Tuesday, August 2, 2011
Revisiting the Masters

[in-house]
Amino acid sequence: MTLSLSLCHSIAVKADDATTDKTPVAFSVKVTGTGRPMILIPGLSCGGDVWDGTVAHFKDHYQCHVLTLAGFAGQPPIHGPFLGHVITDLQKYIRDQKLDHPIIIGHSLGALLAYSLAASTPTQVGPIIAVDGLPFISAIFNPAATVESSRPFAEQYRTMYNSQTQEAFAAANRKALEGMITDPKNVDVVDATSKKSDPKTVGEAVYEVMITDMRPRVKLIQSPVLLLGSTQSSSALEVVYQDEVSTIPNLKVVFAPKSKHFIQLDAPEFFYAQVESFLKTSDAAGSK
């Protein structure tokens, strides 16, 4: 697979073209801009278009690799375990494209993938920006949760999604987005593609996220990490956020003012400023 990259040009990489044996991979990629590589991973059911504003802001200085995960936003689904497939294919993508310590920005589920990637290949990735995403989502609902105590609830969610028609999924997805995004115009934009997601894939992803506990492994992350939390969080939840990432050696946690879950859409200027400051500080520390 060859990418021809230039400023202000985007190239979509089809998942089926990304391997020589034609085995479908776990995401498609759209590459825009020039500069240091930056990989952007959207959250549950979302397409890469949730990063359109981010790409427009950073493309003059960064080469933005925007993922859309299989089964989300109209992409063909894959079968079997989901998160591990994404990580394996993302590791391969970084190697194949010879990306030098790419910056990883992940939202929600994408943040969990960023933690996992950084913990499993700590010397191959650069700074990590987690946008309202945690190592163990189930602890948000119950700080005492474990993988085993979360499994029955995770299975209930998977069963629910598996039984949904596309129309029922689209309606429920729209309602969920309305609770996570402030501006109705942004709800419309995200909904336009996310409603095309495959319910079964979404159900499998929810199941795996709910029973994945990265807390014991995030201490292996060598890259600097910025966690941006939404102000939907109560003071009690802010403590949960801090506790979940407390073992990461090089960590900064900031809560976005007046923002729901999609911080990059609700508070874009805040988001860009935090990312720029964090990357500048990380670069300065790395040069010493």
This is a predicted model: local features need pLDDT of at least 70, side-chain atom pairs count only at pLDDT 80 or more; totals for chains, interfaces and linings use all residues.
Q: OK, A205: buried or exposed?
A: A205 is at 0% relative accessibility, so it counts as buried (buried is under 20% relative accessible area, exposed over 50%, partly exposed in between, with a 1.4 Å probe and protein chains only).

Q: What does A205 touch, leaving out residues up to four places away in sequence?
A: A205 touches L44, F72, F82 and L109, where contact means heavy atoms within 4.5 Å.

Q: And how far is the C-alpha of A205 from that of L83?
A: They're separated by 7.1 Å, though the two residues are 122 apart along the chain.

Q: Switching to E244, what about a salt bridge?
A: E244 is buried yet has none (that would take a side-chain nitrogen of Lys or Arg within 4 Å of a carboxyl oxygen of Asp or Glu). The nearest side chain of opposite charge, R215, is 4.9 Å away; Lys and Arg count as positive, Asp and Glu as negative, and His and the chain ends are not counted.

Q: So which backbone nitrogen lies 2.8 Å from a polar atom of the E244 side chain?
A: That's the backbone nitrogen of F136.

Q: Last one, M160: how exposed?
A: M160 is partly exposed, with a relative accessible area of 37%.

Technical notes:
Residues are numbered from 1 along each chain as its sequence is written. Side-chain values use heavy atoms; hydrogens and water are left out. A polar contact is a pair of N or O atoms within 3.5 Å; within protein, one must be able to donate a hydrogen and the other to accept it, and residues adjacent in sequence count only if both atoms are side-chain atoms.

Man it's been a while since I posted anything! Last week I went to the Laguna Arts Festival with some friends and checked out all the great art by local residents of Laguna. The art was very inspiring and I enjoyed it all. One artist I thought was very cool was John Taylor. He made some incredible sculptures of submarines, ships and paddleboats. He used trash and computer chips to make them, it was so awesome! You can check out his work at www.folkartships.com . Later on that night I went to go see a live show called Pageant of the Masters. Now this is an incredible show where props and people are placed on a stage and in movable frames. They showed how it was done and at first it looks like people and props on a stage, and then the lights go off. When they come back on the lights are different, and the figures and props become the painting. Everything looks completely flat. They also did this with sculptures and they actually looked like sculptures. It was crazy to think how these actors could stay completely still while the audience stares in awe of what they are seeing. They hold their pose for around 90 seconds. Master paintings are recreated in a very surrealistic way that seemed almost impossible to me. This got me thinking upon looking at all these master paintings about how can I revisit the masters of Illustration. I studied them at school, but it's always a smart thing to go back and take a good look at how illustrators like Dean Cornwell, Howard Pyle, Harvey Dunn, J.C. Leyendecker and N.C. Wyeth worked and study their drawings. Here are a few drawings of Dean Cornwell and a J.C. Leyendecker. Dean Cornwell is called the dean of illustration and rightly so. His knowledge of anatomy is incredible. His figures are drawn with such authority, they jump out of they page with so much personality it's crazy. J.C. Leyendecker is a master of design in his figures, he edits out all the busy parts and puts in what matters in the drawing. I learned a lot by doing these yesterday and today. I look forward to doing more each day.